Developments in policy around research funding are helpful in placing ever stronger emphasis on real world impact, but we need a shift in Local Government also to embrace new sources of knowledge. And this includes our local politicians who should see this as a means to have a more informed dialogue with citizens, not a threat because new knowledge may challenge pre-conceptions: austerity should leave no place for ill informed policies.

When people are talking to you about evidence, research or knowledge, what do they most frequently raise as issues?

How you respond to substantial reductions in public funding? How to know whether you are making the right decisions? Am I commissioning the right services, will it work and work for a period of years? What will local government look like in five years time? In a world where local government has shifted from an industrial scale service provider through to being a commissioner and, increasingly, a minor funder yet still accountable when things go wrong (e.g. care support for the elderly which is substantively in the private sector) – how do you deal with that? How do you deal with complexity? How do you manage within the commercial environment or commissioning framework? How do you avoid the major failures?

What are the hard to spot mistakes when it comes to developing your knowledge, which you really need to avoid?

Know where the expertise lies – to what degree can we rely on the resources we are being pointed to, and are those resources transferable? Are they robust enough to be reliable? Are we relying on unsubstantiated stories about good practice?

People often don’t know that useful evidence exists, and there is a huge disconnect between publicly funded research, which should be informing practice and local government. The drivers of success in academia are all too often publishing in academic journals that are peer reviewed and rigorous, yet ultimately often never reach practitioners.

There is also a disconnect between where research is published and where practitioners go for their information. As a result, we need structured facilitation to bring the two together (using the thrust for academic research to demonstrate real world impact) around the issues that practitioners face and help both sides come together. And before we become dispirited, there are many in the research world who want to get involved in public policy and practice, and see their research have real impact.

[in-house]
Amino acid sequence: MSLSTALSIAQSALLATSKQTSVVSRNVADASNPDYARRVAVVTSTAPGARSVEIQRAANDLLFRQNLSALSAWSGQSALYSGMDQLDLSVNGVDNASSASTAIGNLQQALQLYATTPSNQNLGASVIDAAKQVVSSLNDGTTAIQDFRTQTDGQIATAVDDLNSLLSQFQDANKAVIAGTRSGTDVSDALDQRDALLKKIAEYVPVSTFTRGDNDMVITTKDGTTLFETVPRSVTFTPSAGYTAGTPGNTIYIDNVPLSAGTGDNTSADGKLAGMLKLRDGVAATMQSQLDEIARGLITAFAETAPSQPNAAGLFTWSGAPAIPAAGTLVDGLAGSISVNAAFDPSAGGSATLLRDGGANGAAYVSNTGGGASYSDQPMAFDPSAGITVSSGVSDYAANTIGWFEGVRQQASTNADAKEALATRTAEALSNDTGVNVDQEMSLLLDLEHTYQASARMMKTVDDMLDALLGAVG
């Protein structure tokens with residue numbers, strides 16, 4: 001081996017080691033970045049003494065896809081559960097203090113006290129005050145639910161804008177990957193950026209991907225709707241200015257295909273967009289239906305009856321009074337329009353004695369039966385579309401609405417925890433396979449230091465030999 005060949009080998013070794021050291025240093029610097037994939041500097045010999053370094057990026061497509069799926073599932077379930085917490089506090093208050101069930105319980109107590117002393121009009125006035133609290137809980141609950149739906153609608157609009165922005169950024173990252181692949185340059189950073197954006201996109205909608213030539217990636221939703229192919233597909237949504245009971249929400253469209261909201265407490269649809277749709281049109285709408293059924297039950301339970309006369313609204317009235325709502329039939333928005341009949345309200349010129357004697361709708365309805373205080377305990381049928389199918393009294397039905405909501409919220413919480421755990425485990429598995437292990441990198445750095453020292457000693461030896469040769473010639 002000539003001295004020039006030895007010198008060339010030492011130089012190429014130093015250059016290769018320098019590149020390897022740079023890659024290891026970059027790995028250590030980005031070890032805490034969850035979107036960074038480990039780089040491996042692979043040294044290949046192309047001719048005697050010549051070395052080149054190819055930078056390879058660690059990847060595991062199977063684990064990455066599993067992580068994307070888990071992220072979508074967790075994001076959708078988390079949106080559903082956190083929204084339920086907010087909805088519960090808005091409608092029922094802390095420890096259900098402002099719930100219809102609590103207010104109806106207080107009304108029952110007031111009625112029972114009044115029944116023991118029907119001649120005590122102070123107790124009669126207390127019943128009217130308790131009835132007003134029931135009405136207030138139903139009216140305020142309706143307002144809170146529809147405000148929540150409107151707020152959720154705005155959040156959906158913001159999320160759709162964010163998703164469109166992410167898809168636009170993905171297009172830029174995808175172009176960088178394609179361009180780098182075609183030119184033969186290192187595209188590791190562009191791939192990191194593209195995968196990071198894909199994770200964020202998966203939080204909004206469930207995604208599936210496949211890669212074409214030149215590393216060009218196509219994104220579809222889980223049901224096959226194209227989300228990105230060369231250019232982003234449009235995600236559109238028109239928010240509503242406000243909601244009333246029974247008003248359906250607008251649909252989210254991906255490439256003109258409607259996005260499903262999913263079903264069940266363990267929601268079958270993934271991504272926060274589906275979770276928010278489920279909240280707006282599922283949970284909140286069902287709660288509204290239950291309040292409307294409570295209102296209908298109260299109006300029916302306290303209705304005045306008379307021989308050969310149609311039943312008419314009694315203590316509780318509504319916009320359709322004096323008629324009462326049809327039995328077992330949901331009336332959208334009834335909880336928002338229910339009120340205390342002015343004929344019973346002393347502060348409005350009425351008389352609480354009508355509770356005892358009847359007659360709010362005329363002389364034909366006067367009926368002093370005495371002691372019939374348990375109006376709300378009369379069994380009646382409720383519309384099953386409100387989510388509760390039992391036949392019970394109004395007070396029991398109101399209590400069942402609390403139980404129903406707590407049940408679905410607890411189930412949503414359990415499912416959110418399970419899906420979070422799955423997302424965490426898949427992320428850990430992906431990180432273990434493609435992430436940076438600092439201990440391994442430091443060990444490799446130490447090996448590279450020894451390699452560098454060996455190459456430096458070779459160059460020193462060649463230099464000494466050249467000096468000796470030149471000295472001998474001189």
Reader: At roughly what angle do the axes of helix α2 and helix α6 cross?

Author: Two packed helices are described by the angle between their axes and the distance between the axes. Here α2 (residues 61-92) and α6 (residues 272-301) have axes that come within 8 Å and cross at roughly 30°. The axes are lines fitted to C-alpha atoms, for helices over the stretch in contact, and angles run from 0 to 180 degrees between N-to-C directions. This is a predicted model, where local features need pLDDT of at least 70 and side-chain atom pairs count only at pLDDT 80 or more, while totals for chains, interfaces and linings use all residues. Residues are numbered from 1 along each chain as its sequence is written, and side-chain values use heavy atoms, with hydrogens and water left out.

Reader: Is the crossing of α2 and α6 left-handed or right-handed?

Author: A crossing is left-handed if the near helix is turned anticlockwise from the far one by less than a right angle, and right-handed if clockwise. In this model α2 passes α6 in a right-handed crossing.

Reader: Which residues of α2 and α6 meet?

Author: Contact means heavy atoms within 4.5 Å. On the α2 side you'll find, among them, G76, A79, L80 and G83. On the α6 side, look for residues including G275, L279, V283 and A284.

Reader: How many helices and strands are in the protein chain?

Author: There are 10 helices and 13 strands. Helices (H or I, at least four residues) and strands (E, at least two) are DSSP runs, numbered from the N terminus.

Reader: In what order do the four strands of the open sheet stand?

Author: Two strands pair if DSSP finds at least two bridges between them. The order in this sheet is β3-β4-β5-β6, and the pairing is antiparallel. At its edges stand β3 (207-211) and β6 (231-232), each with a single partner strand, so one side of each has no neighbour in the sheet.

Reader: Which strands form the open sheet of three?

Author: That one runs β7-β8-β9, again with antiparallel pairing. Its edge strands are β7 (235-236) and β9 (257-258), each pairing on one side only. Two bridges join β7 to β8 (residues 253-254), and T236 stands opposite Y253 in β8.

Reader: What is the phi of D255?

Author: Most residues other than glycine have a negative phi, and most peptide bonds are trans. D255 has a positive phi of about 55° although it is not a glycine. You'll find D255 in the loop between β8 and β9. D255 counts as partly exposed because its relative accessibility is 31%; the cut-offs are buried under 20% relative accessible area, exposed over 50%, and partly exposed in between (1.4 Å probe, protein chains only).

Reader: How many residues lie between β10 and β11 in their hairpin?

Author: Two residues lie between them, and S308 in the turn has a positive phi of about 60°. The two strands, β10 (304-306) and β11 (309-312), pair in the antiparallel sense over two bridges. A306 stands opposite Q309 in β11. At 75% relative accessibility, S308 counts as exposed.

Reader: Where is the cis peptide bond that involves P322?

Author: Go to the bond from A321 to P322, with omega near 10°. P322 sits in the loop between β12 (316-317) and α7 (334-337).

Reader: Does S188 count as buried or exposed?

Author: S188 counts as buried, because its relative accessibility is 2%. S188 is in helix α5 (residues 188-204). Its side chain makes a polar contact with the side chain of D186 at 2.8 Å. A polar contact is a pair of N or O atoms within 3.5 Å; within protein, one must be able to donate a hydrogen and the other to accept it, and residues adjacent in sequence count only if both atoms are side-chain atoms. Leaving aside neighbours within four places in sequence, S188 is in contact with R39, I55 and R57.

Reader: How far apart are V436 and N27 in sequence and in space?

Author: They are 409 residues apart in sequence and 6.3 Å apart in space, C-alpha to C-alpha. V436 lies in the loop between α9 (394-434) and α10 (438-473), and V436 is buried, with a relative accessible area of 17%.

People often think of knowledge and research as an overhead. This is a false view and we can draw on lessons such as a recent piece by the former Swedish Prime Minister Goren Persson on the things you need to do to get yourself through severe cuts and change. He highlights how important it is to have clarity, vision and evidence, with a clear view that something at the end of the change will be better.

How do you think people will be doing evidence, research and knowledge development in five years’ time?

I would hope that we are beginning a culture shift, that will become more embedded and systemic across local government and local public services with Local Government people and researchers better connected, and with many more accessible routes and pathways to link the two.

We may not have nirvana, but we would have local dialogue with active research agendas under way which are delivering results and an equitable portion of national investment in research working for local government being steered or influenced by the sector.

The seeds are there, it just needs leadership, from those who fund research, and from local government and public services to push for this access to – and collaboration with – the research and development base, to turn what has been ad hoc and happenstance to something more systemic.

For example, in practical terms, this could include effective use of knowledge and evidence as part of peer review in local government, and professional societies and groups engaging in the agenda through CPD, but more fundamentally, fostering a thirst for knowledge rather than creating a compliance culture.

If you had a list of ‘best-kept secrets’ about research, evidence and knowledge you would recommend, what would you include and why?

  • Dialogue with your local university, find out how you can work together: there are a whole range of potential opportunities that might be a Vice Chancellor getting involved in strategy, or researchers working in partnership on a particular policy or project such as smart city development or demography.
  • Come to us as knowledge navigators to get help, make connections (which might be a about accessing national expertise.
  • Let’s exploit the recently announced ESRC ‘impact accelerator accounts’; funding is available to encourage 24 universities and research institutions to engage with external stakeholders, including local public services, to explore opportunies.

You can also read a Q&A with Clive Grace, Local Government Knowledge Navigator; a Q&A with Sarah Jennings of the Knowledge Hub; and a Q&A with Kim Ryley, recent Past President of the Society of Local Authority Chief Executives.